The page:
As Oregon gardeners have noticed, our climate is changing. This is primarily due to human activities releasing excessive greenhouse gases into the atmosphere over the last 150 years. As a result, we’re seeing temperatures increasing, periods of drought expanding, and we are experiencing more severe weather events than ever before. These changes have serious effects on our entire lives, including our gardens.
Along with modifying what you plant in your garden as a reaction to these changing weather patterns, there are steps you can take to help slow the pace of climate change. Below are a few practical ideas to learn more, get involved and take action right in your own garden.
Learn more about climate change and get connected with your community
Get up to date with the how and why of climate change on the United Nations’ Climate Action website. Get connected with others in your community: Join a local climate organizing group or talk to your neighbors about starting one. Check with your city or county government about how it is addressing climate change and get involved with local initiatives.
Do more with less
Need a garden tool for an occasional task? Here are a few ideas to avoid buying one-time use equipment:
Check secondhand home improvement and thrift stores before buying new. Ask your local library to start a "library of things" and include garden tools. Or consider starting your own neighborhood tool-lending library. Also, look online and join your local sharing community (the Buy Nothing and Freecycle networks are two examples).
Reduce the amount of single-use plastics that you use in the garden.
If you purchase transplants, look for seedlings grown in biodegradable containers rather than plastic. If you start your own seeds, reuse plastic pots and seedling trays from last year rather than buying new or try making your own pots from newspaper. (Make sure to clean recycled plastic pots well to remove clinging soil and start with fresh containers if disease was present to avoid spreading.) Disposable plastic greenhouse sheeting (used for season extension or hoop house coverings) usually has a life span of three to five years. Switch out for a long-lasting material like recycled windows or polycarbonate panels. Check with your local nursery to see if it recycles plastic pots. Some nurseries offer incentives for returning plastic pots.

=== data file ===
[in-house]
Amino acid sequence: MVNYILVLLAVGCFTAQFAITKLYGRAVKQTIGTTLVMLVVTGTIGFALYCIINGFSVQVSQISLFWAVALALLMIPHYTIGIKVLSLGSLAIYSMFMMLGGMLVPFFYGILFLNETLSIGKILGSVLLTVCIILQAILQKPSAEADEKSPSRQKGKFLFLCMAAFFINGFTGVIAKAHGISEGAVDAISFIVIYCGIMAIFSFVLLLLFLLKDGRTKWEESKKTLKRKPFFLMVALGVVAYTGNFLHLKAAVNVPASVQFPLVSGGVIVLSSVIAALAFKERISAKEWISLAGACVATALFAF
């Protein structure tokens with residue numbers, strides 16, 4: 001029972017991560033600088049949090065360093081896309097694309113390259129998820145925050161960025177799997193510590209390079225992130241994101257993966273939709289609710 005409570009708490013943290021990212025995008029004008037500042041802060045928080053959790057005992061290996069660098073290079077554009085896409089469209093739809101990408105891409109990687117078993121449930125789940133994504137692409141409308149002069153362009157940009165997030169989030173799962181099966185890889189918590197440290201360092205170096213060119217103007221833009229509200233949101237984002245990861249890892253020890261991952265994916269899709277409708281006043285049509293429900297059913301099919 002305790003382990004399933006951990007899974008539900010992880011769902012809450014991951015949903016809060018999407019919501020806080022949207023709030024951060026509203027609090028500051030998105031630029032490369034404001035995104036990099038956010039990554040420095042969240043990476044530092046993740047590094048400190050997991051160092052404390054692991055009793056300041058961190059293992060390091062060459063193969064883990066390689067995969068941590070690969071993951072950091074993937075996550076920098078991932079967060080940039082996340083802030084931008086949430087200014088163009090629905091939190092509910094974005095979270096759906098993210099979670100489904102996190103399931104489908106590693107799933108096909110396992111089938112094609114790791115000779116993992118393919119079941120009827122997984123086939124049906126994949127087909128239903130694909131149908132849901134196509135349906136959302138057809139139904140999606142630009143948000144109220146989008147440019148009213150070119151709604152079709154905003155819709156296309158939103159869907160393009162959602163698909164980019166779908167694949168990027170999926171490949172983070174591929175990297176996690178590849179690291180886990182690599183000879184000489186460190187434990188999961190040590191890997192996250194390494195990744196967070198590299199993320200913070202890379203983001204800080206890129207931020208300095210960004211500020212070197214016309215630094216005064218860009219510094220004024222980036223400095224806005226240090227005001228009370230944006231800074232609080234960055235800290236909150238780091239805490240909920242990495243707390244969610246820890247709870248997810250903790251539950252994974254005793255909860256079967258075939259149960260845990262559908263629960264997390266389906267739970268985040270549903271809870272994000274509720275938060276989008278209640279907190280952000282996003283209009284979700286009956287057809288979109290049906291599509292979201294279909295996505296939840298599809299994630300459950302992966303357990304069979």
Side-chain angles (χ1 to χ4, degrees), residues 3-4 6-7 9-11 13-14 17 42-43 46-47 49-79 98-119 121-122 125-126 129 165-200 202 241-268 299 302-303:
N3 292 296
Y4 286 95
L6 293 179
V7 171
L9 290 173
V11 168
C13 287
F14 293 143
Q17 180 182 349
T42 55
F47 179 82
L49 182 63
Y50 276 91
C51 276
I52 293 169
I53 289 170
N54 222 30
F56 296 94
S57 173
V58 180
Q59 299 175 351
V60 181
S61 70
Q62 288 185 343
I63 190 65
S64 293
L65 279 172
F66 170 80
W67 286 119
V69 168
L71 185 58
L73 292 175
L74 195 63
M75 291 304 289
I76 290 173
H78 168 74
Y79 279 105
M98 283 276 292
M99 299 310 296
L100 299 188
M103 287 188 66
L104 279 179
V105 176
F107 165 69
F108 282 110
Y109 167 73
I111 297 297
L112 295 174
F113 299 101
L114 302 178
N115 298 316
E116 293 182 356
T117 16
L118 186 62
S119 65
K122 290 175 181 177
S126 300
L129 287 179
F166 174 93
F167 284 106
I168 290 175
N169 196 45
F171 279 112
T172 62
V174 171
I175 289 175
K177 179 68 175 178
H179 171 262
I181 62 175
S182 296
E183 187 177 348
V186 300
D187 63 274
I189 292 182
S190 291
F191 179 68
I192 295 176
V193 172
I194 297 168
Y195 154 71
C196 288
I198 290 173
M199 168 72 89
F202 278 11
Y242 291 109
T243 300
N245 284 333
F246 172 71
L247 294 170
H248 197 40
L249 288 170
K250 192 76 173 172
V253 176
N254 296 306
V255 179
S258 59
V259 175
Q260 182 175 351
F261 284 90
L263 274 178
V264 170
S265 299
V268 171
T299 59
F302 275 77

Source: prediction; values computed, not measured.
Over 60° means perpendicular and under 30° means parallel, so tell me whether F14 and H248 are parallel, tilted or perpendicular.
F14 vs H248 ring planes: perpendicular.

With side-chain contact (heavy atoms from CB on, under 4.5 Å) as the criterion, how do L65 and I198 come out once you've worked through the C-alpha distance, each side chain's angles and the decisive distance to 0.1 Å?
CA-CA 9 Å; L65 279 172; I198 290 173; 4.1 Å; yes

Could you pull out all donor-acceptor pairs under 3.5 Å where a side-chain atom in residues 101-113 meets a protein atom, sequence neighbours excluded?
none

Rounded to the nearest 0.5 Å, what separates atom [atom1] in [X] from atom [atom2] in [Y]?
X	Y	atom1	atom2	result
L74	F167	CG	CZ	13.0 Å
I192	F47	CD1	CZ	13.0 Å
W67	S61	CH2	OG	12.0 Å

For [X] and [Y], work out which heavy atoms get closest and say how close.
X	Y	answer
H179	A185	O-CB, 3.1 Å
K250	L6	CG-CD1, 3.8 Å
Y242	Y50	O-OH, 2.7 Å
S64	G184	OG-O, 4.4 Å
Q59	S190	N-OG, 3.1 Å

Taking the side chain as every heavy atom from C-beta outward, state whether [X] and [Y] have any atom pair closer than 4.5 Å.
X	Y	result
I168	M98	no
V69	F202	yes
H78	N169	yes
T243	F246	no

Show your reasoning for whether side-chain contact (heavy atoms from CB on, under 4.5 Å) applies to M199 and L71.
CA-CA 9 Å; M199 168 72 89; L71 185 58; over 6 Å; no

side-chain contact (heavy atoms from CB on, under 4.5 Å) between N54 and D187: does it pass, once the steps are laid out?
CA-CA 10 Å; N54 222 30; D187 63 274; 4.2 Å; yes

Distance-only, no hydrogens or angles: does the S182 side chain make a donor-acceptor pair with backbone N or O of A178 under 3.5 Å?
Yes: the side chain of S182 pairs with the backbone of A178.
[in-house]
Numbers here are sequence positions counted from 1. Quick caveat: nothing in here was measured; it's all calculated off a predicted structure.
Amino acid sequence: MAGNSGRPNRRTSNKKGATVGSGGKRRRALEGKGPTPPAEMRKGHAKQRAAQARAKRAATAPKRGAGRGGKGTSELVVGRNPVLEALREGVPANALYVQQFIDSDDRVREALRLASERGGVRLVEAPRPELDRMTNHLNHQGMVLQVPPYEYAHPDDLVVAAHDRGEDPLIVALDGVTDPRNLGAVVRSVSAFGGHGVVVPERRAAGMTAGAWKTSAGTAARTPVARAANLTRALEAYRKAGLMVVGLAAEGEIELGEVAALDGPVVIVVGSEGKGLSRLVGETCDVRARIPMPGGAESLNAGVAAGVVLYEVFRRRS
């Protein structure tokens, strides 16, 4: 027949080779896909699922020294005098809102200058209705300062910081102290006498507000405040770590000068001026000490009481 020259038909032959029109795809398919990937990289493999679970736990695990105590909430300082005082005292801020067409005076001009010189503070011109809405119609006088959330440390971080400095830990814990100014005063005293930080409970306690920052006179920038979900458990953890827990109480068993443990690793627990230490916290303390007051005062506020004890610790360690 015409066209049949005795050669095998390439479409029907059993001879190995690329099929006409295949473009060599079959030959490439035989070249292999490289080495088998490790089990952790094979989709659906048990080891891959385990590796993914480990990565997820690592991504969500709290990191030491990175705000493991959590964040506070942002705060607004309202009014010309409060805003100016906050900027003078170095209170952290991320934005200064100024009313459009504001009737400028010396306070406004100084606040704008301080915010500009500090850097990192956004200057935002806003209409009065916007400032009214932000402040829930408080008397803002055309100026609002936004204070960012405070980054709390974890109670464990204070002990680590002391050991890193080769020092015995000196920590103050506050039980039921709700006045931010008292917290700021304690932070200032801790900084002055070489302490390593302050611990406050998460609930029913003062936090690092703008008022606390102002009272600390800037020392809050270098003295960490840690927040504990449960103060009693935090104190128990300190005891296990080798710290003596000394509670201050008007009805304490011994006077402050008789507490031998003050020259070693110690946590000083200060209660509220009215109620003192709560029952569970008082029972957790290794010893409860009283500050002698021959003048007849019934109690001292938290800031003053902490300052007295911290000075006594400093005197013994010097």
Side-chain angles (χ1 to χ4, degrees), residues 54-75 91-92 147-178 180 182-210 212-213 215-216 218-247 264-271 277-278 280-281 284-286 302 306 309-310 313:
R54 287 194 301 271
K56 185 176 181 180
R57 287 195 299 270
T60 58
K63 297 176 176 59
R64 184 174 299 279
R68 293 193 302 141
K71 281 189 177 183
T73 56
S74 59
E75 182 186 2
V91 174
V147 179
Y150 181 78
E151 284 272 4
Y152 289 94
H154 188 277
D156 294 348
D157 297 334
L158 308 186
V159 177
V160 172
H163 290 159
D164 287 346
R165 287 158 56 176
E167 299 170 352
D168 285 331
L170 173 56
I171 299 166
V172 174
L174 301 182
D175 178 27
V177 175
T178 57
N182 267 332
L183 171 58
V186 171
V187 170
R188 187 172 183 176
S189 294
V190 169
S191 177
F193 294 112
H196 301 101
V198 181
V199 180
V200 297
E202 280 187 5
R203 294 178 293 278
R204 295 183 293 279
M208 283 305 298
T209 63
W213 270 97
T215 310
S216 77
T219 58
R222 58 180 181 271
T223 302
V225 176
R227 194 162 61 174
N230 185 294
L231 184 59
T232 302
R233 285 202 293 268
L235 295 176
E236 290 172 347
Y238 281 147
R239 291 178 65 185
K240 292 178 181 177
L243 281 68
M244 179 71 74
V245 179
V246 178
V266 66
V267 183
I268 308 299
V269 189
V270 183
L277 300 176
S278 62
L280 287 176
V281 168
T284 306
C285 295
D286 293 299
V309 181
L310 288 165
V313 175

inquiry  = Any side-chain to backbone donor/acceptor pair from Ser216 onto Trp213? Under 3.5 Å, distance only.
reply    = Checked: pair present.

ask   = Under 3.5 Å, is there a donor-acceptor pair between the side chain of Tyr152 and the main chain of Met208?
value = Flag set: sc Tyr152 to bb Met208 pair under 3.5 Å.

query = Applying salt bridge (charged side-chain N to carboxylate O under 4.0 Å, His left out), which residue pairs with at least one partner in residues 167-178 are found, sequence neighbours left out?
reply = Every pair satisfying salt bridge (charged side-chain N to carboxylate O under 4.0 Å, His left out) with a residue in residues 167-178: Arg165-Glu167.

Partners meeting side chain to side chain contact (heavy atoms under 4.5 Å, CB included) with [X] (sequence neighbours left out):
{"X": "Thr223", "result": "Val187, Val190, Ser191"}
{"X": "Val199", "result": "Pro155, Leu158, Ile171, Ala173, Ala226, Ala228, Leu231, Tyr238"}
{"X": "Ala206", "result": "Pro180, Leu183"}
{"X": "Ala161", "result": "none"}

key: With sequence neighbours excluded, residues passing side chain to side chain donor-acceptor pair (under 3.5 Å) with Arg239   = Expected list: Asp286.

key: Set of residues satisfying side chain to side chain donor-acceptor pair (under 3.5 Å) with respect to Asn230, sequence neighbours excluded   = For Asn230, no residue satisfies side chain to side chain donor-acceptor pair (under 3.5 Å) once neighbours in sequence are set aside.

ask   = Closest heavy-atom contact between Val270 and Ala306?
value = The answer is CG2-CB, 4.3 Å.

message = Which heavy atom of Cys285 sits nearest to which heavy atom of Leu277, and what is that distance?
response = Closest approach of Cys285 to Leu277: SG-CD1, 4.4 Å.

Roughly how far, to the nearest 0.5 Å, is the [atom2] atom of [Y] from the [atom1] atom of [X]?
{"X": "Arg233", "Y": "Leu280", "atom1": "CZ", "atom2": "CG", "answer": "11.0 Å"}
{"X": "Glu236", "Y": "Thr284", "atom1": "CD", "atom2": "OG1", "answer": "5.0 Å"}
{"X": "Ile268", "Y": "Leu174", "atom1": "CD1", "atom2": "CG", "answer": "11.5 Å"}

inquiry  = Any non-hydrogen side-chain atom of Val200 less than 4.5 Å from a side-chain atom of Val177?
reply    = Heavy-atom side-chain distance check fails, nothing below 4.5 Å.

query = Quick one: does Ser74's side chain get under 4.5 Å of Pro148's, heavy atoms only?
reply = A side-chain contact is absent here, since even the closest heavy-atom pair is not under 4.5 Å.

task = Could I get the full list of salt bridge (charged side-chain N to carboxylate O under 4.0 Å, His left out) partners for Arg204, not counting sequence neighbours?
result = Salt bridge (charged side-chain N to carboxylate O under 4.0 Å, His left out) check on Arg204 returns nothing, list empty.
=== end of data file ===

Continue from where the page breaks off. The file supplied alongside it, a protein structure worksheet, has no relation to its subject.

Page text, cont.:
Recycle your food waste into compost
Keep kitchen scraps and yard trimmings out of landfills with composting. No yard for a large compost pile? No problem! Look into starting a composting worm bin or check with your trash service to see if kitchen scraps can be included in your yard waste bin.
When you do buy, make choices with less impact on the environment
When it’s time to replace motorized garden equipment, choose electric over gas engines.
Mowers, string trimmers, leaf blowers, chainsaws and hedge trimmers are readily available in electric versions. You’ll get the same power without the emissions.
Eat locally grown foods to help reduce emissions produced during transportation.
The fewer miles that food has to travel to your plate, the fewer emissions that are produced. Growing your own fruits, vegetables and herbs to supplement your diet is great. Also, visit local farmers markets and farm stands, or look for "locally grown" signs in the grocery store.
Plant and design with the environment in mind
Reduce your use of peat and peat-based soil mixes.
Read labels and skip those that contain peat. Peat is a non-renewable resource and the process of harvesting peat releases large amounts of carbon into the atmosphere. Instead, look for mixes containing coconut coir, compost or other water-holding materials.
Plant more trees.
Trees help remove carbon from the atmosphere and a well-placed tree can reduce the need for air conditioning. Plant trees to the west of your home to block the hot afternoon sun. Also, shading your air-conditioning unit helps it work more efficiently and saves on electricity. Check with your city government or community tree planting groups for sources of low-cost trees.
Conserve water by choosing drought-tolerant landscape plants.
Carefully research before purchasing and look for trees, shrubs, ornamentals and groundcovers that require less water and are more tolerant to heat. Review the OSU Extension library of publications on xeriscaping for ideas.
Climate change may affect summer season runoff impacting urban water supplies.
Increase water conservation in the landscape by capturing roof runoff and rainwater and using it to water landscape plants. Capture water using rain garden designs and with plant placement. Use permeable pavers to reduce the “heat island” effect often found with impervious surfaces. Pavers also allow the water to drain through where the soil and sand below help to remove pollutants before refilling local aquifers.
Climate change is a big issue but if we come together as a community, we can start to see change.
Want to learn more?
- Learn more about why and how climate change is occurring on NASA’s Global Climate Change website.
- Review the latest scientific research results in the 2021 Oregon Climate Assessment published by the Oregon Climate Change Research Institute.
- Feeling stressed over climate change? Good Grief Network, a nonprofit organization, has information and resources to help you process your reactions and build resilience.
- Explore more actions your household can take in Simple Steps You Can Take published by the Environmental Protection Agency.
- Learn more about creating sustainable landscapes. Join the OSU Extension Master Gardener volunteer program or take OSU Extension gardening classes online. You’ll learn how to create resilient landscapes that are adapted to our changing climate. Check what classes are coming up in your county or online.